Whaling and the International Whaling Commission

Facts About Whale Hunting

Man cutting fin whale meat at whaling station in Hvalfjordur Fjord, Iceland
Man cutting fin whale meat at whaling station in Hvalfjordur Fjord, Iceland. Arctic-Images/Stone/Getty Images

Whaling ended its popularity in the U.S., for the most part, by the early 1900s, so some are surprised to find out it still occurs in some parts of the world.

A Brief Background on Whaling

Whaling in the U.S. began with natives, and then colonists, taking advantage of whales that drifted ashore, or whales that swam close enough to shore that they could be killed and processed. 

As bigger, fasters ships were built, whaling increased to a point where people were dependent on whale products such as blubber and baleen.

The blubber was used for oil for lighting, cooking, heating and lubrication. Baleen was used in a variety of products such as women's corsets, umbrellas and buggy whips. 

Eventually, U.S. whale populations declined so much that whalers had to venture farther and farther from U.S. shores. By the early 1900's, many species were near extinction. Whaling continued until the late 1980's when the International Whaling Commission finally decided to place a worldwide moratorium on whaling.

The International Whaling Commission (IWC):

The IWC was formed in 1946 under the  International Convention for the Regulation of Whaling. Its purpose is “provide for the proper conservation of whale stocks and thus make possible the orderly development of the whaling industry."  Eighty-eight countries are represented on the Commission.

The International Whaling Commission (IWC) put a pause in whaling, or a moratorium, in place in 1982, and it became effective in 1985-86.


Who Hunts Whales, and Why?

If a country wants to hunt whales these days, there are three ways it can do so:

  • Aboriginal subsistence whaling – allows for whaling by small populations where whaling has traditionally been a part of their culture. Whales are not sold commercially. Examples: Greenland (fin and minke whales), Russia (gray and bowhead whales), St. Vincent and The Grenadines (humpback whales) and the USA (bowhead and gray whales hunted in Alaska).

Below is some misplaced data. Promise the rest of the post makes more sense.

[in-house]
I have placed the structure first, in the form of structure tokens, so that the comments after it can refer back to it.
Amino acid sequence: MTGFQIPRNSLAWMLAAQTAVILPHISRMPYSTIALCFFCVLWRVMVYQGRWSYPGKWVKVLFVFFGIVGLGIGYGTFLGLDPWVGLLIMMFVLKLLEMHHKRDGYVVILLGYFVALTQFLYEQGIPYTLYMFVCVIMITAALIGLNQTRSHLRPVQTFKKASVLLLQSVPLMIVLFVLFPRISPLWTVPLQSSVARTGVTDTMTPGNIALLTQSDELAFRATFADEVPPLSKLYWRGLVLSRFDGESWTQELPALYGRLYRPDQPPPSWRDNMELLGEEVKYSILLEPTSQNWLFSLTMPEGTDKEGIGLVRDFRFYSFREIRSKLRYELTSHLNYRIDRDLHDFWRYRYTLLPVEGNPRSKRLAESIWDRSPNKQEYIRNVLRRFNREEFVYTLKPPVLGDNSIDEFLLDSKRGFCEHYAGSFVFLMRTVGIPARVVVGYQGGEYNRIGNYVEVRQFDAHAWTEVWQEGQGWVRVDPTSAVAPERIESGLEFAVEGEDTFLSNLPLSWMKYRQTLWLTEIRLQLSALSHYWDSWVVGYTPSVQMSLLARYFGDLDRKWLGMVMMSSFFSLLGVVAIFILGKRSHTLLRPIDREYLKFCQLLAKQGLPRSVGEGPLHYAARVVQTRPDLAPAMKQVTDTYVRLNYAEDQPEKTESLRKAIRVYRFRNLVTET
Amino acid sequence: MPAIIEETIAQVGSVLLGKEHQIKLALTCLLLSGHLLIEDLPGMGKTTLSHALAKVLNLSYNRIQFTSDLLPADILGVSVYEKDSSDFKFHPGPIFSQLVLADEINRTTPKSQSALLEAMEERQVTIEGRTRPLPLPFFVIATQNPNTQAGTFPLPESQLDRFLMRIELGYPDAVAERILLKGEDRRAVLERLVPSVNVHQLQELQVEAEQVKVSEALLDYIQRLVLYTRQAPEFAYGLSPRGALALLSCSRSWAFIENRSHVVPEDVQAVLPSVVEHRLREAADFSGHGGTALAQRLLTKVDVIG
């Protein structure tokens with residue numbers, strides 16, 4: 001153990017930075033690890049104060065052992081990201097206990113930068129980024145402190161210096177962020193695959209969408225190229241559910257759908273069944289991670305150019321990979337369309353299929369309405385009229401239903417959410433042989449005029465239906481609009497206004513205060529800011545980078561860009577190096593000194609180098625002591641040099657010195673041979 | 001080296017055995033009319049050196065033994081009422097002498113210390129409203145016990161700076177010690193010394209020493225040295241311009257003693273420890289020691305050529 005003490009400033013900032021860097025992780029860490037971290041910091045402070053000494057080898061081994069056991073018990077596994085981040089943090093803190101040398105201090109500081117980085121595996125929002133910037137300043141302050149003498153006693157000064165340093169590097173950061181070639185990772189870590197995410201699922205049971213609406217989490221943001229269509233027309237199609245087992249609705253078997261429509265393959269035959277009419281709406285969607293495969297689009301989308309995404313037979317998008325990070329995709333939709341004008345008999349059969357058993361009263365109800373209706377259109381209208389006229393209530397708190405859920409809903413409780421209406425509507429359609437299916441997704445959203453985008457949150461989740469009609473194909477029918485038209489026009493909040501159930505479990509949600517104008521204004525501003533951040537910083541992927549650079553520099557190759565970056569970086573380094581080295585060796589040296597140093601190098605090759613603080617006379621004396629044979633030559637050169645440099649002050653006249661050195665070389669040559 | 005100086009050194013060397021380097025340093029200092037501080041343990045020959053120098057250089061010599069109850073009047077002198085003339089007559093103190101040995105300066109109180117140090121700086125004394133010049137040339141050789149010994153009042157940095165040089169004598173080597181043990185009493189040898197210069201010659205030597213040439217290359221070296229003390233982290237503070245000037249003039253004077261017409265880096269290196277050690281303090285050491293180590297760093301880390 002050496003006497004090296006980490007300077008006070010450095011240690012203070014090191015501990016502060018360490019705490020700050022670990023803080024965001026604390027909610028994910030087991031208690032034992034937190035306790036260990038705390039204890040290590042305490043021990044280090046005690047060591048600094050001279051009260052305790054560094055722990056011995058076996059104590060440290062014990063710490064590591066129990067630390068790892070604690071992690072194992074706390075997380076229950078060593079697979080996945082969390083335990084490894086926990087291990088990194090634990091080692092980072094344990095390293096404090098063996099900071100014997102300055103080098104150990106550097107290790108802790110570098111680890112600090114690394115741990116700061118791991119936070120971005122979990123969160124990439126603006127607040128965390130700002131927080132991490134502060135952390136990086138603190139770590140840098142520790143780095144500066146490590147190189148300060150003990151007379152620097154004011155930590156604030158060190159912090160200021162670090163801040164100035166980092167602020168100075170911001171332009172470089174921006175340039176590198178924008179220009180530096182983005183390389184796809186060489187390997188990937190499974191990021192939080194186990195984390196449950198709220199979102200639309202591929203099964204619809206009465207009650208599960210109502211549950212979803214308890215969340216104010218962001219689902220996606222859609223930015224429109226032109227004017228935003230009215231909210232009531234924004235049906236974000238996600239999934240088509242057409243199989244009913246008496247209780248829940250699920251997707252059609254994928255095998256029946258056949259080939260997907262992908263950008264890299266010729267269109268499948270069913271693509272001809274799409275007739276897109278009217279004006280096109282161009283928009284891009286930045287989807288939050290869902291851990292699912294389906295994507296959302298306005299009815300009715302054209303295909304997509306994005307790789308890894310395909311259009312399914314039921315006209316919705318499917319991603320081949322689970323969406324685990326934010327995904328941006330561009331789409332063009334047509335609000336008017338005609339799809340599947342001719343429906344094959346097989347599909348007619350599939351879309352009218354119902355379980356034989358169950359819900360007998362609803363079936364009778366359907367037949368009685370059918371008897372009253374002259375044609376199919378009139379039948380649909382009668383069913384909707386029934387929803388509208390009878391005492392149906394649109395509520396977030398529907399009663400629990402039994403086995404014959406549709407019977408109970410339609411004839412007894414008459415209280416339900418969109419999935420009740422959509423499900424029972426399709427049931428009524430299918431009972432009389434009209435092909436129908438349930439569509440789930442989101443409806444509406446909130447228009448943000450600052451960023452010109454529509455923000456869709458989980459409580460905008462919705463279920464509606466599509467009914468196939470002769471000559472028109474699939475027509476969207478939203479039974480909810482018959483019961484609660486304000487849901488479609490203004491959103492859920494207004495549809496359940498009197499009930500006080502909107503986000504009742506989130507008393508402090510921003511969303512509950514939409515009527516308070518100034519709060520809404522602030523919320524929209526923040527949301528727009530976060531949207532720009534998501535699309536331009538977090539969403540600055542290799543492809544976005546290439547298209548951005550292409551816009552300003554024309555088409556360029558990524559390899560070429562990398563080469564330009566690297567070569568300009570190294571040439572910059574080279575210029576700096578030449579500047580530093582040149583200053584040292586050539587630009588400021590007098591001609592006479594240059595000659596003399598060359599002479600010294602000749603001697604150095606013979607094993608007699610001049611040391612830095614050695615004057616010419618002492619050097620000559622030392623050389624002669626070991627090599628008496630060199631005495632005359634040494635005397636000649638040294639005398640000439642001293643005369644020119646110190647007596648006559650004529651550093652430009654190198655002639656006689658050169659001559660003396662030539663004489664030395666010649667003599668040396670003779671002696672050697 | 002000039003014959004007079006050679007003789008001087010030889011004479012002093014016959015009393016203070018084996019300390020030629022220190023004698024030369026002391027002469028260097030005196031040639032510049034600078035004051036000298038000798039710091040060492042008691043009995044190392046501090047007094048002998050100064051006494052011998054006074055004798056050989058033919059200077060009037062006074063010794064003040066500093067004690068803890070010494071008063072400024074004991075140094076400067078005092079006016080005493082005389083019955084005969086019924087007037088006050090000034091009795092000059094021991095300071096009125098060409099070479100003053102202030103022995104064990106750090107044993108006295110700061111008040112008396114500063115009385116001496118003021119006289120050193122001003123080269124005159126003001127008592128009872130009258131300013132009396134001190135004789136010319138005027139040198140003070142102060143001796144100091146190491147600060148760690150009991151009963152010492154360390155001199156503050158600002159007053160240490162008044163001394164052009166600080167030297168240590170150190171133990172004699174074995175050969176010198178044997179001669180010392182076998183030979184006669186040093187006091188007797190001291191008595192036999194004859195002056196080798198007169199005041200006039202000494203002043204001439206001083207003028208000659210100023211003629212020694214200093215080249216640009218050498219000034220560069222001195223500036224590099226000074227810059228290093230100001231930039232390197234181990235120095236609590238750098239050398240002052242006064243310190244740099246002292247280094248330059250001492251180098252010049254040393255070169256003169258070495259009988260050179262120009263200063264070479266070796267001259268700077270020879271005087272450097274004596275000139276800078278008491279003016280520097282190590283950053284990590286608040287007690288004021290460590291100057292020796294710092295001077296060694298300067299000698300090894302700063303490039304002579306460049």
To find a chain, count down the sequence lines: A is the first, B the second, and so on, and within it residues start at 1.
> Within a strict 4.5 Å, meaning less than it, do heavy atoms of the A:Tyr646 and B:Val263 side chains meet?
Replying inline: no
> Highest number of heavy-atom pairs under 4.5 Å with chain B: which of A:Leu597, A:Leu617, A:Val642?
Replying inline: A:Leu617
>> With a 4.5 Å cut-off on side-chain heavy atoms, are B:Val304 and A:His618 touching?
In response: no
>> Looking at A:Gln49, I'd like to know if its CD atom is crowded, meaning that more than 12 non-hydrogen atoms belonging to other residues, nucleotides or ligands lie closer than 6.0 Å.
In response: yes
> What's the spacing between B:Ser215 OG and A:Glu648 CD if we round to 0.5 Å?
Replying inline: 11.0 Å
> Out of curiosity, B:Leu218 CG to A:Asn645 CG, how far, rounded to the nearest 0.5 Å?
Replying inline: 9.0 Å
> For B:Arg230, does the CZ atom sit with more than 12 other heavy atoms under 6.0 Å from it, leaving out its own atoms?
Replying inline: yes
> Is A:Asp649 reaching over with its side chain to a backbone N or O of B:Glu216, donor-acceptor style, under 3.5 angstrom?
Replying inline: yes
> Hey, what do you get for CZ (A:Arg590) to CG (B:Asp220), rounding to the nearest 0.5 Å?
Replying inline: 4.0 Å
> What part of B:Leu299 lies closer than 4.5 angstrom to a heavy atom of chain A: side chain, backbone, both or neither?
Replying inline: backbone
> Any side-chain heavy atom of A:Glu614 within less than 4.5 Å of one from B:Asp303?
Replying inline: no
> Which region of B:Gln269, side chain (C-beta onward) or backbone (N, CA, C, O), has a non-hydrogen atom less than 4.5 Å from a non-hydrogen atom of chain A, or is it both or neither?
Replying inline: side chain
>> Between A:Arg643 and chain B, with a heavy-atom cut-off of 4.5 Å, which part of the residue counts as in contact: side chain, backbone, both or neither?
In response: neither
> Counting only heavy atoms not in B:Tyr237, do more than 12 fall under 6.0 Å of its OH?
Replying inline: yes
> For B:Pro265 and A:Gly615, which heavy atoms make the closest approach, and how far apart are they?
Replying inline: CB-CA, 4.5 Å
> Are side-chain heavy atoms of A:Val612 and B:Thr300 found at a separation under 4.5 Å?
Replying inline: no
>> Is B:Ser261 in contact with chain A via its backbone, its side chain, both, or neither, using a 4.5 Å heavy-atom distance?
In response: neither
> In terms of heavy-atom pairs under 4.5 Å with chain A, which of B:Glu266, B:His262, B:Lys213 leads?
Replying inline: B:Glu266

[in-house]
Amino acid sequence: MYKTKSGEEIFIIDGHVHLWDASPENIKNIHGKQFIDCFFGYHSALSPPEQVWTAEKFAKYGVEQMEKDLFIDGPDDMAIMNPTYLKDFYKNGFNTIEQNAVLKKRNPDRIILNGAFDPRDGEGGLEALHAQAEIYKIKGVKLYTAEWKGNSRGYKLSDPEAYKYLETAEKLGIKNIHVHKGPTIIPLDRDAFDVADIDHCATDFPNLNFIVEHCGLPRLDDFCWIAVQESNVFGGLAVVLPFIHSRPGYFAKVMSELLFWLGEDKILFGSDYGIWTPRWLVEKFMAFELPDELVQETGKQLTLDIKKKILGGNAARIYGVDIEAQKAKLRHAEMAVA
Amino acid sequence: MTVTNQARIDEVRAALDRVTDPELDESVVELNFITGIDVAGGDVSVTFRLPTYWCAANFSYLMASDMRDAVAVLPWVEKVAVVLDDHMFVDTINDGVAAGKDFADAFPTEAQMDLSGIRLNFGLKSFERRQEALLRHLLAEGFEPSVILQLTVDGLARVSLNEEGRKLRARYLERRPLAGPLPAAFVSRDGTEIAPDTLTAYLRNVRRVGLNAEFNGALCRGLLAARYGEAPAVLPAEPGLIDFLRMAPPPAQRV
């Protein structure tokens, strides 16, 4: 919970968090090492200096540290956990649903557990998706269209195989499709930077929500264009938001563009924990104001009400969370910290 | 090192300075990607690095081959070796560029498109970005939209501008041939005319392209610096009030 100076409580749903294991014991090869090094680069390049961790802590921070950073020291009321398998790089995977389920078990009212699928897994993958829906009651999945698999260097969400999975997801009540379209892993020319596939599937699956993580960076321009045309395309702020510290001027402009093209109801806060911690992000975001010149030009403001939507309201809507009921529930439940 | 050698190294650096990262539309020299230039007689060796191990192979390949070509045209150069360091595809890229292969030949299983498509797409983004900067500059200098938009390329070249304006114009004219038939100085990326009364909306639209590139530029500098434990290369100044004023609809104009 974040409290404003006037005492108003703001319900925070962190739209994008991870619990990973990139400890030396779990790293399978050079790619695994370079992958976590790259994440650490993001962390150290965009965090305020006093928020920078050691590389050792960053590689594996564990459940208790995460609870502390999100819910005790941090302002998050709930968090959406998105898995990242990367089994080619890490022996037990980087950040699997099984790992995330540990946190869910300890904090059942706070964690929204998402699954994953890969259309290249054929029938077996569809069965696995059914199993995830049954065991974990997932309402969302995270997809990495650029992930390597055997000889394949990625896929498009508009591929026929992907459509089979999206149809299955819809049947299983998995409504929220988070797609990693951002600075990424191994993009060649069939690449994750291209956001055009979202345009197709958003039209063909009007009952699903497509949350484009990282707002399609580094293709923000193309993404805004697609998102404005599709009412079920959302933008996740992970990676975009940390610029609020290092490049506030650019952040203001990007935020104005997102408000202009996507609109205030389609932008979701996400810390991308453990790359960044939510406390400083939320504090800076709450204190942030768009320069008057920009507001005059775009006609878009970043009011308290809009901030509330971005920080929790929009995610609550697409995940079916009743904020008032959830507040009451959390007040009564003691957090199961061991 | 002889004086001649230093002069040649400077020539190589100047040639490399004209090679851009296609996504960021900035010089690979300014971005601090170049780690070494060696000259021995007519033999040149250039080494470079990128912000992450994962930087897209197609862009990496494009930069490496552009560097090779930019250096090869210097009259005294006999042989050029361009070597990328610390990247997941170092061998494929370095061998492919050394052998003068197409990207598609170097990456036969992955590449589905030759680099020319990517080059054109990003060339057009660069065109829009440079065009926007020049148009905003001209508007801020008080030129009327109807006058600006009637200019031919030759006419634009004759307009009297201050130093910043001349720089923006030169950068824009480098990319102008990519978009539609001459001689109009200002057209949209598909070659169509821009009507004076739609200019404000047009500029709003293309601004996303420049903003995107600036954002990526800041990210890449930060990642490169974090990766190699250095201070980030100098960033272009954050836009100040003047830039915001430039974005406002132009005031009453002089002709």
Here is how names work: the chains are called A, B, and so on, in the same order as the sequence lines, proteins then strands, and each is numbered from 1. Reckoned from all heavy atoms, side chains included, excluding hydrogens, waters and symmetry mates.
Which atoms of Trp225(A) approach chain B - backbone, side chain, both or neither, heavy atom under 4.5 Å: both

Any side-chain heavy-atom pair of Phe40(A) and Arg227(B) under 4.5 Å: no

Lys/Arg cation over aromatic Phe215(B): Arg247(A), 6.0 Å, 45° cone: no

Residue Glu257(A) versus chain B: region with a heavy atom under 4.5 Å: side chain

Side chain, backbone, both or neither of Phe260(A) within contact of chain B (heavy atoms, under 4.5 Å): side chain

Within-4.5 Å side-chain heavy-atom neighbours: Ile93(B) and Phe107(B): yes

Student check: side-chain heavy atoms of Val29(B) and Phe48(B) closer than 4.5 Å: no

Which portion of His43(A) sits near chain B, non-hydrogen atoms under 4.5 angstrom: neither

• Scientific permit whaling – a country obtains a permit to hunt whales for scientific purposes. Since 1986, Japan, Norway and Iceland have issued permits for this purpose.
    Japan has been one of the biggest proponents of whaling in recent years. Japan targets whales both in a coastal whaling program and in a controversial hunt in the Southern Ocean, primarily for minke whales. While the whales are caught to learn more about them, the meat is actually used for human consumption.
  • Objection – when the moratorium was put in place, countries could lodge an objection and continue to hunt whales. Norway is a country that lodged an objection.


How Much Power Does the International Whaling Commission Have?

The IWC meets each year to review the status of whales and whaling. Because governments can “object” to any decisions made by the IWC, the organization is thought by some not to have a lot of power. At the very least, it provides a clearinghouse for some of the most updated information on whale populations and whaling information across the world.

Culture and Controversy:

Whaling is a very controversial issue. Many countries have historically and culturally depended on whales, but many species were hunted to near extinction.

The U.S. played a large part in this, especially in our Yankee whaling days.

Some countries that traditionally had large whaling programs have now developed booming tourist industries around their marine environment, allowing them to benefit from whales without killing them.

References and Further Information: